MID-CENTURY MODERN – WEST COAST

The Travel Issue

The West Coast, the idyllic edge of the world became the perfect testing ground to replace hefty, ornament-filled buildings with new, fresh, utterly optimistic and stripped-down expressions of glass, steel, wood and concrete. The Mid-Century Modern architects opened these novel edifices to stunning landscapes through sliding glass doors, clerestory windows, internal and external courtyards and seamless porches and balconies, merging indoor and outdoor lifestyles into a revolutionary whole.

The West Coast, the idyllic edge of the world became the perfect testing ground to replace hefty, ornament-filled buildings with new, fresh, utterly optimistic and stripped-down expressions of glass, steel, wood and concrete. The Mid-Century Modern architects opened these novel edifices to stunning landscapes through sliding glass doors, clerestory windows, internal and external courtyards and seamless porches and balconies, merging indoor and outdoor lifestyles into a revolutionary whole.

Few destinations on the planet are as fabled, hyped and dreamed about as the West Coast of the United States. With its gorgeous, sun-kissed beaches, dazzling landscapes, endlessly chronicled culture and storied cities, it’s long been one of the most fertile travel destinations in the world. But the West Coast has an unparalleled resource that rarely surfaces in most itineraries; nor is it even on the mental map of most of those who live here. A spectacular secret hidden in plain sight.

From Seattle in the north to San Diego down south right near the Mexican border, the West Coast came into its own during the middle of the twentieth century, fostering endless opportunities for an explosion of talented designers, who in turn blessed it with an extraordinary legacy of Mid-Century Modern architecture.

St. Joseph's Hospital

St. Joseph’s Hospital, Tacoma WA

 

This idyllic edge of the world became the perfect testing ground to replace hefty, ornament-filled buildings with new, fresh, utterly optimistic and stripped-down expressions of glass, steel, wood and concrete. The Mid-Century Modern architects opened these novel edifices to stunning landscapes through sliding glass doors, clerestory windows, internal and external courtyards and seamless porches and balconies, merging indoor and outdoor lifestyles into a revolutionary whole. They experimented with new materials like steel-reinforced concrete, wood composite and larger and larger expanses of clearer and clearer glass. They explored structural systems like long-span cantilevers, bundled steel tubes, prefabricated components and steel truss systems and space frames, embodying the future-obsessed ideal that nature’s hardships, social ills and even human suffering could be overcome through gleaming technologies. They invented or reinvented spatial techniques like open plans, pinwheel sites, decentralized structures and circulation sequences, revolutionizing human dynamics and jettisoning stodgy traditions.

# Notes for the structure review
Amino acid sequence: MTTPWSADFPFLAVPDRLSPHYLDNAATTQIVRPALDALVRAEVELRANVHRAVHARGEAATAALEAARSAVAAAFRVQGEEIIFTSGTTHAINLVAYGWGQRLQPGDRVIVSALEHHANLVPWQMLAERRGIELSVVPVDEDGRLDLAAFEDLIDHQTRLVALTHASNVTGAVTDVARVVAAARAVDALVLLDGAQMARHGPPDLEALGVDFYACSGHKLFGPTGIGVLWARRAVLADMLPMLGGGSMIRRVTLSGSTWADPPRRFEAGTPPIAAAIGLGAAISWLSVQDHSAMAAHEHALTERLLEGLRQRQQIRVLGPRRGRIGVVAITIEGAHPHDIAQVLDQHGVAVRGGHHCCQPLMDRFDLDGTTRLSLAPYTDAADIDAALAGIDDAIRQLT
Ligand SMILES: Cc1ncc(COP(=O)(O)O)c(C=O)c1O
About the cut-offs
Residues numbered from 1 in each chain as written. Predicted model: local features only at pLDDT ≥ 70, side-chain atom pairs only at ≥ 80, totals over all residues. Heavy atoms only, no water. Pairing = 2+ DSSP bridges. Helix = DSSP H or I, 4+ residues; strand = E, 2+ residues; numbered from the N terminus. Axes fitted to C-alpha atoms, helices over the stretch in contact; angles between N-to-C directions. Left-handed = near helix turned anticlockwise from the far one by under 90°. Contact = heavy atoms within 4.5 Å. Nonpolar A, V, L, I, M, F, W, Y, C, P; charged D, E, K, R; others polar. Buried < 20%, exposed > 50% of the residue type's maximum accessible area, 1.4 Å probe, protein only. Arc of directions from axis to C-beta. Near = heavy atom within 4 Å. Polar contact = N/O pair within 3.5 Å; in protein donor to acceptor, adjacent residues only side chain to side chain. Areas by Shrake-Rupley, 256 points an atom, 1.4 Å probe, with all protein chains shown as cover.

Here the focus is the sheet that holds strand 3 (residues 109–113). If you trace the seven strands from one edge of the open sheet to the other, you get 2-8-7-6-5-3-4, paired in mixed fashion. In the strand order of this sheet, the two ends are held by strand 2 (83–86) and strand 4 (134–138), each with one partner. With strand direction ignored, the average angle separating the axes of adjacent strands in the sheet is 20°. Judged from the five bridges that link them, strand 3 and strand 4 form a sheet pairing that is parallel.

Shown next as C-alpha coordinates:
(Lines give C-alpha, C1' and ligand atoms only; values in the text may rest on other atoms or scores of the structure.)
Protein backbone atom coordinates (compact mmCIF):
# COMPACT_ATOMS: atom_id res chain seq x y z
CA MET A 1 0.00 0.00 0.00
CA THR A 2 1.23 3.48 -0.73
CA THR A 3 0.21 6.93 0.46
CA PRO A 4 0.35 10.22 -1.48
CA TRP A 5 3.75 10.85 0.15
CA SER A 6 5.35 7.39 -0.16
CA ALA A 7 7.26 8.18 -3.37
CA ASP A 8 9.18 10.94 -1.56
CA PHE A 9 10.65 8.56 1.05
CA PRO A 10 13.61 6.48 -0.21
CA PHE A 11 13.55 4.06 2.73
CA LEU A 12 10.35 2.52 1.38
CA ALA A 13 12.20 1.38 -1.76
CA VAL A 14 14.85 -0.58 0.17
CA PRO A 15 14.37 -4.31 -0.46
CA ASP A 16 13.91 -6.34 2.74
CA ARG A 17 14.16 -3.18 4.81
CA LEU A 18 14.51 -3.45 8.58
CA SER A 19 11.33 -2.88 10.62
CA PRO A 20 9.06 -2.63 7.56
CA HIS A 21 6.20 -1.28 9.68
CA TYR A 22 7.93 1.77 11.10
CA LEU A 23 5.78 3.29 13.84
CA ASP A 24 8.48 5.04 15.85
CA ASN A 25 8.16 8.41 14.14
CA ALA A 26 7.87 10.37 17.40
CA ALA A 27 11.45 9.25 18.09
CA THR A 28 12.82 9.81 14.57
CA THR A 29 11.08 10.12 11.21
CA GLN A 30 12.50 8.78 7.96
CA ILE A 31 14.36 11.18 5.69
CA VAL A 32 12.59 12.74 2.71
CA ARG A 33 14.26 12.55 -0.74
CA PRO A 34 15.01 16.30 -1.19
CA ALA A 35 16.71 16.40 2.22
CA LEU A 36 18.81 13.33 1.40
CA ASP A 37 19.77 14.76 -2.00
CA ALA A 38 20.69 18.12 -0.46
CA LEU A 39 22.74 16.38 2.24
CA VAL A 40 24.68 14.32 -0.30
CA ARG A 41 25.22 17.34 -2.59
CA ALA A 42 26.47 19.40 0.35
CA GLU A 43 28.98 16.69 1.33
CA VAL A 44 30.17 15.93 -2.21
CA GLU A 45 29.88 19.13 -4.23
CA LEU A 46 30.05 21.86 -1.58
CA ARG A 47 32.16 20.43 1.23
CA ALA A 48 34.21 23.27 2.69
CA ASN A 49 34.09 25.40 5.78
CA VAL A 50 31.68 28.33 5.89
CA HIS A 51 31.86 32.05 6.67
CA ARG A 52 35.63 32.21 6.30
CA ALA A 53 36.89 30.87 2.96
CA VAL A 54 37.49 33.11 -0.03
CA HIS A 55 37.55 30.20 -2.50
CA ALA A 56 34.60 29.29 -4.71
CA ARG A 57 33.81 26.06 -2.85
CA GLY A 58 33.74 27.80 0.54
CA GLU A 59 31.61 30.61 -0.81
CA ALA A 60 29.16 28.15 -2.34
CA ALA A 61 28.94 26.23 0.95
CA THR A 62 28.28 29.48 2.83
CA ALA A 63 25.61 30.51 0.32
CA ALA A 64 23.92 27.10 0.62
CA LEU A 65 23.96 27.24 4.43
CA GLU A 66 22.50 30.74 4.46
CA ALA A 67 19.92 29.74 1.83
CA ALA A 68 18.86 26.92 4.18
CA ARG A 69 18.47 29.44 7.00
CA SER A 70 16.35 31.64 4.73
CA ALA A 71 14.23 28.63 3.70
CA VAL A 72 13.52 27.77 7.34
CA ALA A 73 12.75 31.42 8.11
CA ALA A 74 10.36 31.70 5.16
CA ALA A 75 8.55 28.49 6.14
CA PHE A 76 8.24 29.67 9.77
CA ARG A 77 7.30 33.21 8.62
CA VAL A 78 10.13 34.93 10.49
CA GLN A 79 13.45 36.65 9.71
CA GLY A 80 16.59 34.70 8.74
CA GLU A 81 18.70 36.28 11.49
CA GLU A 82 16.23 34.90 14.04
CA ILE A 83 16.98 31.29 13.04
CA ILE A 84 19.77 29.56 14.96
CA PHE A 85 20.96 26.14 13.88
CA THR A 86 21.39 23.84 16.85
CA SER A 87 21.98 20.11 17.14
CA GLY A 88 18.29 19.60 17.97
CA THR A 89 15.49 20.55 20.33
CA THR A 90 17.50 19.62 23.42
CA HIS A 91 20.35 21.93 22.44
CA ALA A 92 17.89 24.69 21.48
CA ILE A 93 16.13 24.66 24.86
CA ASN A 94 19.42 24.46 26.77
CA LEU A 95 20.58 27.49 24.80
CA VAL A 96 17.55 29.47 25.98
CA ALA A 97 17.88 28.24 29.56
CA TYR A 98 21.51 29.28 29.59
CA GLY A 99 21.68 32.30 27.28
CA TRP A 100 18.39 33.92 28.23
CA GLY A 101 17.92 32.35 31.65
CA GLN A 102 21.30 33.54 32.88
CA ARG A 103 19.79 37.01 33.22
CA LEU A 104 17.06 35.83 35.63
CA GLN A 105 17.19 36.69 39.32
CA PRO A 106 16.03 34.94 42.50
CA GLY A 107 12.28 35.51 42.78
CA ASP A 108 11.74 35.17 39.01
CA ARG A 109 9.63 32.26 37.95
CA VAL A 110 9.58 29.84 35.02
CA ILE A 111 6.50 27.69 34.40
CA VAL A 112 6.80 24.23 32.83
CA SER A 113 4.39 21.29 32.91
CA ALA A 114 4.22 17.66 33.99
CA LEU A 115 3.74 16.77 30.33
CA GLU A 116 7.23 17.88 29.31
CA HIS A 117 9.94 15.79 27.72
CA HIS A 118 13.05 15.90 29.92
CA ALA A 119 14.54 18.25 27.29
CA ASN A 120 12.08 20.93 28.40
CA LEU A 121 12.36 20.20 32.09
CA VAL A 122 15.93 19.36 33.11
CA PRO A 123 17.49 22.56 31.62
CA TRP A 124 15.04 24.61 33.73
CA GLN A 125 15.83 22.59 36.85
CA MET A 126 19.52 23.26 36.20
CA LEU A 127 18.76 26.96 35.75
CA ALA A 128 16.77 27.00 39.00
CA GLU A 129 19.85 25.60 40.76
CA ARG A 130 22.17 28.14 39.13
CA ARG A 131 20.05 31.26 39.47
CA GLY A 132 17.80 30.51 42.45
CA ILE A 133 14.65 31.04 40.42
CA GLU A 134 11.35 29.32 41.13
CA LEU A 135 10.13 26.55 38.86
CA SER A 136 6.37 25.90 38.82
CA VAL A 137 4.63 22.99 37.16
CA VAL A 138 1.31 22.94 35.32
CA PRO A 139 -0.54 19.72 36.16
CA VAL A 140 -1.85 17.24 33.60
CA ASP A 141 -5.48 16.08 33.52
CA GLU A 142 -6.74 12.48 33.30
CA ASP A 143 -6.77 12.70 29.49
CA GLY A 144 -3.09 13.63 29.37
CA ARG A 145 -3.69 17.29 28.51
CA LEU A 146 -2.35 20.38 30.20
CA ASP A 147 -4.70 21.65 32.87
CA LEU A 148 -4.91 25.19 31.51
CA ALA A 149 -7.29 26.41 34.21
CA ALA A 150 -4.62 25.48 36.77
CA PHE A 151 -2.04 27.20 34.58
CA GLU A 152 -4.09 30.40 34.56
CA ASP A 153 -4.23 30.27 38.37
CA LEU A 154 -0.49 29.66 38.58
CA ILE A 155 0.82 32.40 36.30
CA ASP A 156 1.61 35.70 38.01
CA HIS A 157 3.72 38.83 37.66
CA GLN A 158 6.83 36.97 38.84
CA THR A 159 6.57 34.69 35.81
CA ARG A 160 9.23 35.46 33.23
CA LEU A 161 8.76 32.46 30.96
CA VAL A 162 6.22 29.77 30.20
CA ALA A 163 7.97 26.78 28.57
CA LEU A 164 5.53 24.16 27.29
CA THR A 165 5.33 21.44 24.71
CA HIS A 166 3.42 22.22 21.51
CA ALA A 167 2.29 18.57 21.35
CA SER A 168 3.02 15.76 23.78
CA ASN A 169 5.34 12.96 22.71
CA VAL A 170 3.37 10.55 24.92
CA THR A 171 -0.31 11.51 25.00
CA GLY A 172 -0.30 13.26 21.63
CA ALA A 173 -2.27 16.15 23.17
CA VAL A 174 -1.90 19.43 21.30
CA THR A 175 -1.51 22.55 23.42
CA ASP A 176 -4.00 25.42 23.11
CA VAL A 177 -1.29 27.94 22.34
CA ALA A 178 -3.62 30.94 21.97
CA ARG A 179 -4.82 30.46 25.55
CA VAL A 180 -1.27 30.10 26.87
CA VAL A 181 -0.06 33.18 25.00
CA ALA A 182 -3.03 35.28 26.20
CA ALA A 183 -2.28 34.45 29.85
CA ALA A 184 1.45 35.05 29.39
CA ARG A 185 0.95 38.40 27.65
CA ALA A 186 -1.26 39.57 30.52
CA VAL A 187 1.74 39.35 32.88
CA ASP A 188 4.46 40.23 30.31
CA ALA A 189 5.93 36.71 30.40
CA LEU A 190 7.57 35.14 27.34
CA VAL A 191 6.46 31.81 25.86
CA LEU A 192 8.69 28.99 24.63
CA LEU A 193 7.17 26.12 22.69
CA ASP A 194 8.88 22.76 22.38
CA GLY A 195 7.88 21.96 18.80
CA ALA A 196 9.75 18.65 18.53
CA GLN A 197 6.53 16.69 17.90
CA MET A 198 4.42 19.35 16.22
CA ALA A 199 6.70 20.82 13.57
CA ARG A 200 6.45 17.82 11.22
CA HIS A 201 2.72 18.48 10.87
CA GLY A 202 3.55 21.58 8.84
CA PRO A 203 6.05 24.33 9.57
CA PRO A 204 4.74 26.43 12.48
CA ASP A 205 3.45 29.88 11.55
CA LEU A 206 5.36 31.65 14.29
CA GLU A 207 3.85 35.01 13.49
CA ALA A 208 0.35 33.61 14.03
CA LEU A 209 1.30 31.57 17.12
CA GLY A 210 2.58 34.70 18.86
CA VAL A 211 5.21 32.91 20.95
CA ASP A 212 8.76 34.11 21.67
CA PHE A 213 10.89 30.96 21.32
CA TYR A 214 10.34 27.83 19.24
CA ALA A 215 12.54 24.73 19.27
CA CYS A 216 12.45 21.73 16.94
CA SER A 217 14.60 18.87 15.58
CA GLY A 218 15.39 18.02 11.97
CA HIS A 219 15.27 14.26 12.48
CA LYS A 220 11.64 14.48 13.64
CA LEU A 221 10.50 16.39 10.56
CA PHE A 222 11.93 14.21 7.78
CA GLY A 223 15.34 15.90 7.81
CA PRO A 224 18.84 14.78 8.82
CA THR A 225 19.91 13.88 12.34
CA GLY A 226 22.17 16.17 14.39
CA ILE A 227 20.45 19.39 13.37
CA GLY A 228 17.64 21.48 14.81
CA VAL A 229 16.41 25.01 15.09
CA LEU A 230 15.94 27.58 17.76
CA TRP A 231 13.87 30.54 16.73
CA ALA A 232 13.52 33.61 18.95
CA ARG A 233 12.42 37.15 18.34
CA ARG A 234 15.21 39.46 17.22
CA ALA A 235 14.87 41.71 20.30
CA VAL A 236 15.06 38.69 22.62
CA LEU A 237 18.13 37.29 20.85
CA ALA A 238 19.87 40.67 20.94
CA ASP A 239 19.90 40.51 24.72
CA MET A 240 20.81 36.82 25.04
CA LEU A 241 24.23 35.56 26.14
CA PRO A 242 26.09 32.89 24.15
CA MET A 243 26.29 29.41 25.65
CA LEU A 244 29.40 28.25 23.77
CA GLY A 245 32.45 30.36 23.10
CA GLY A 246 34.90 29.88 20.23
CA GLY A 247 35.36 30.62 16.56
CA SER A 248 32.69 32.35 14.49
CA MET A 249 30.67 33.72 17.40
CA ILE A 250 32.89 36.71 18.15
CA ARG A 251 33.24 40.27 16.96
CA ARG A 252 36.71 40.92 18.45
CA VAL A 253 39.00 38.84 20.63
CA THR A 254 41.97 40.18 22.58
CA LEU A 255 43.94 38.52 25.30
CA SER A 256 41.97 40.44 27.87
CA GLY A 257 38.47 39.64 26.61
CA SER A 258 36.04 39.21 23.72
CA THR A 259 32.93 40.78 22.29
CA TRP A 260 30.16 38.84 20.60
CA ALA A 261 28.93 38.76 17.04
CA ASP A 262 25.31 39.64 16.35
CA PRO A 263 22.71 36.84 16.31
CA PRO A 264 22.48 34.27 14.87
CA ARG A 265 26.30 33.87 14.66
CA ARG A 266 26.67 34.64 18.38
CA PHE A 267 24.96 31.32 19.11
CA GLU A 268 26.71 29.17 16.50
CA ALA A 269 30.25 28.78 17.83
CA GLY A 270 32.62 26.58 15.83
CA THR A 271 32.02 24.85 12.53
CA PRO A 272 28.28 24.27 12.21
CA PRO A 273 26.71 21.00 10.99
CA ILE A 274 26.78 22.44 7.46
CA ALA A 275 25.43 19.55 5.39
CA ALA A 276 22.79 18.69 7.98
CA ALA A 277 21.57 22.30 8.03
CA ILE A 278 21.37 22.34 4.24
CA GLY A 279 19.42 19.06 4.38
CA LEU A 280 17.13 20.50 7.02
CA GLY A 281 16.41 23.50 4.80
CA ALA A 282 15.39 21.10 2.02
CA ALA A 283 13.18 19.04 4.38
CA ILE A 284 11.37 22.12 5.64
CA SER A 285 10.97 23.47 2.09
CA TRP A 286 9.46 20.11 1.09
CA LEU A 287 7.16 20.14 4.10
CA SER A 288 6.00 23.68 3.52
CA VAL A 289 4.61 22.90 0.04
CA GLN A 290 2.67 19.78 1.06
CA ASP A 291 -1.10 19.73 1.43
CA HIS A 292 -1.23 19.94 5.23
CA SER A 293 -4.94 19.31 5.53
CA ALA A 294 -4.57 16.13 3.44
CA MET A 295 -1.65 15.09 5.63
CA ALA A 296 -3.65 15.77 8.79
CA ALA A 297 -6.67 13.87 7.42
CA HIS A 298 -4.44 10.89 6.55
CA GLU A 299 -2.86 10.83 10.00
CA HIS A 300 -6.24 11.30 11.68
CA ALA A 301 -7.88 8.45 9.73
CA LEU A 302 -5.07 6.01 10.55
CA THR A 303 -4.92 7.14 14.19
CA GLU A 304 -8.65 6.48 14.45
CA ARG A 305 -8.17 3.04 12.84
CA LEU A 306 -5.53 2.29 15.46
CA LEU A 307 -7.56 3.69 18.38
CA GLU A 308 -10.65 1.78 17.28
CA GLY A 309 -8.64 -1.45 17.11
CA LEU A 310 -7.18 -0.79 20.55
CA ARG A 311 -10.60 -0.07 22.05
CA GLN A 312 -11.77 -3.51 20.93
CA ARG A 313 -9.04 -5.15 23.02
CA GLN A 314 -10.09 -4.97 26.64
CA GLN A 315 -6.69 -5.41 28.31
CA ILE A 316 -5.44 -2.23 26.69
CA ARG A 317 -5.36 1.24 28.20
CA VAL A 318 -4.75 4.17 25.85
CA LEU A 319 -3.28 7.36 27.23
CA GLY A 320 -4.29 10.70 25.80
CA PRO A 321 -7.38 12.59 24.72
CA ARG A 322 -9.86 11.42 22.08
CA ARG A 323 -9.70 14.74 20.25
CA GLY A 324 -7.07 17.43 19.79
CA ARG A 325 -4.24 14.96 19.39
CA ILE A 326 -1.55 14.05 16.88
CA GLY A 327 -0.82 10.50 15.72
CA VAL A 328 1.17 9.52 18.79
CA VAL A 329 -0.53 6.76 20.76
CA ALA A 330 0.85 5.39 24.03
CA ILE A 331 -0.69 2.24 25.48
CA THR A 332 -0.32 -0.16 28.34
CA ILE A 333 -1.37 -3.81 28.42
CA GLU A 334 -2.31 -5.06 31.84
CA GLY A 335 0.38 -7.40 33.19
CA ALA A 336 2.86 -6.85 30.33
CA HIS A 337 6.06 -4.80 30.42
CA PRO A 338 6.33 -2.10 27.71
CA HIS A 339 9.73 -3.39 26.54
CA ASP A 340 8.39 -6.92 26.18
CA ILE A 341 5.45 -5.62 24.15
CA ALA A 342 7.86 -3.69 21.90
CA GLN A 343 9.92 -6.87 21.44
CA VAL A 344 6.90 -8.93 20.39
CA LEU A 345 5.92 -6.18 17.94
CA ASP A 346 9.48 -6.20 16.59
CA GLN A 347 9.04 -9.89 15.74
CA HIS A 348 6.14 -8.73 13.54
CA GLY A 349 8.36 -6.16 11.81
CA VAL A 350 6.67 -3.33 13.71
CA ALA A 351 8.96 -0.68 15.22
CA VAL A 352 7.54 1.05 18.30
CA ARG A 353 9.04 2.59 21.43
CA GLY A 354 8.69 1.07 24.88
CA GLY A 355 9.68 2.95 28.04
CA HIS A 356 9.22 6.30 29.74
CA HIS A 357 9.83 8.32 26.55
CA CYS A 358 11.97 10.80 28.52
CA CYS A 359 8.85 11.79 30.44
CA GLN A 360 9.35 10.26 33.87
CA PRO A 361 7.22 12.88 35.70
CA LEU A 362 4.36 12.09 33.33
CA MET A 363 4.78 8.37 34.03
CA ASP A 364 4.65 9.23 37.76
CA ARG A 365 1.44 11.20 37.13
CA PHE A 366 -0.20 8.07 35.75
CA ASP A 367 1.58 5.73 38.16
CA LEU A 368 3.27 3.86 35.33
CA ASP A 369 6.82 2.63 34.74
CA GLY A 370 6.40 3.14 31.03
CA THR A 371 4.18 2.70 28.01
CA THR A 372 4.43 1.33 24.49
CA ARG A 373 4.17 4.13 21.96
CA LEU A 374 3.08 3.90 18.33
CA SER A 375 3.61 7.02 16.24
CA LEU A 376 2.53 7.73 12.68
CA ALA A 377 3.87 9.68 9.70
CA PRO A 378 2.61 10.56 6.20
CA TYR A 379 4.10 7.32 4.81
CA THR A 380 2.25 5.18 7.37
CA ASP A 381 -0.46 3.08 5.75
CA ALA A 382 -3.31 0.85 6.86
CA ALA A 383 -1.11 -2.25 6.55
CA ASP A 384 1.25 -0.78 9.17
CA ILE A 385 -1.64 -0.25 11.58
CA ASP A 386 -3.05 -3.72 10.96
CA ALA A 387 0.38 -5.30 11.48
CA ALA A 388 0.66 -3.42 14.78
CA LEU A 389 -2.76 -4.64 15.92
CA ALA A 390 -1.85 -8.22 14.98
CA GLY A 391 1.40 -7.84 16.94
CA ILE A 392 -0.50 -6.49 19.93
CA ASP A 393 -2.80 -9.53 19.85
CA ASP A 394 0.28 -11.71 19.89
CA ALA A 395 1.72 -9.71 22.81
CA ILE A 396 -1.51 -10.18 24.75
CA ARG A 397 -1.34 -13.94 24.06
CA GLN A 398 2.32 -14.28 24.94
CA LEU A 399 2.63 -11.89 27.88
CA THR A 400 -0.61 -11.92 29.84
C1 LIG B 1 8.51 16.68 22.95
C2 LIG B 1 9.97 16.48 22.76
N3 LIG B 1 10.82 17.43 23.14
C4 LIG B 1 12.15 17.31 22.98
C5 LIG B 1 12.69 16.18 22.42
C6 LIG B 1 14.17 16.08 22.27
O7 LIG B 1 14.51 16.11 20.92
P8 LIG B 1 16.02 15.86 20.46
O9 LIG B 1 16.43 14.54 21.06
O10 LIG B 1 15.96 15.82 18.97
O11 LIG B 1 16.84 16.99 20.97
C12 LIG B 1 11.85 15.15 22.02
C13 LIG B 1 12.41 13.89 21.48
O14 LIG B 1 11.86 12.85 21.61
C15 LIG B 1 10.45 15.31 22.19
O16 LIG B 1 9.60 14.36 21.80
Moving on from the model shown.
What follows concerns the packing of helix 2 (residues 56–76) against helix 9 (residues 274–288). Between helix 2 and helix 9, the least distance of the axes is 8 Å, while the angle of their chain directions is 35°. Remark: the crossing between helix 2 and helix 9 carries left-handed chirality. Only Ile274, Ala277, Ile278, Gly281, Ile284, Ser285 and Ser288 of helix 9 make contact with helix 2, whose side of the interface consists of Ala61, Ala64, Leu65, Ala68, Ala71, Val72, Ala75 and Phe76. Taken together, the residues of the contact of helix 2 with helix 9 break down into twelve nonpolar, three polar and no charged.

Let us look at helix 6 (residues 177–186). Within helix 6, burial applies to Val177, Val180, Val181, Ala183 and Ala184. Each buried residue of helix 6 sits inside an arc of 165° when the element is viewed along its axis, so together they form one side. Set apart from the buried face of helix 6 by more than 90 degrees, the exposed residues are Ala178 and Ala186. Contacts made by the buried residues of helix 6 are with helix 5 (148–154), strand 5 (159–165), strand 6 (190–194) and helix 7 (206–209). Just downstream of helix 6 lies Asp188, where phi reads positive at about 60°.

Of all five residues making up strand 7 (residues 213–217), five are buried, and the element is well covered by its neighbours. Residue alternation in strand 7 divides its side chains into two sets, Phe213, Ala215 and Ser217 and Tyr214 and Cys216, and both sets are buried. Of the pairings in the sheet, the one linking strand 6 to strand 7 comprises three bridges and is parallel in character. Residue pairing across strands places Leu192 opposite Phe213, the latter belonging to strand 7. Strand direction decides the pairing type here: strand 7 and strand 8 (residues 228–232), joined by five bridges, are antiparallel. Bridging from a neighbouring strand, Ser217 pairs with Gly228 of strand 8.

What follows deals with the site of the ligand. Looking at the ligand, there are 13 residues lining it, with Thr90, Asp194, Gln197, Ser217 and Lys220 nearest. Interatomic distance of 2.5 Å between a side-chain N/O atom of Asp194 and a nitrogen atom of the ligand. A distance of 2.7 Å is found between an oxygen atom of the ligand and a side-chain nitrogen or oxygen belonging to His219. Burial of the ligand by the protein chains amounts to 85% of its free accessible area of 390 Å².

Architecture seen through the eyes of architects can sometimes be a rather dry exercise in structure, geometry and technical achievement. Architecture seen through the eyes of explorers, however, is about architectural drama, to be sure, but it’s just as much about the visceral experience of the building, its site, its history and the raw emotions that it can elicit. It all stays with you.

Even after you’ve left the West Coast, Mid-Century Modernism will pop up everywhere, in your periphery vision and in your mind’s eye. You’ll begin to notice and appreciate the lasting imprints of a visionary movement that was so widespread it touched every corner of the earth. You’ll grasp how architecture – Mid-Century Modern or otherwise – has a singular ability to lift us to primal and spiritual heights we never thought possible. In the middle of the twentieth century, in this special part of the United States, in a few gleaming instances, the experience of architecture was honed to a near perfection that it rarely had before and rarely has had since.

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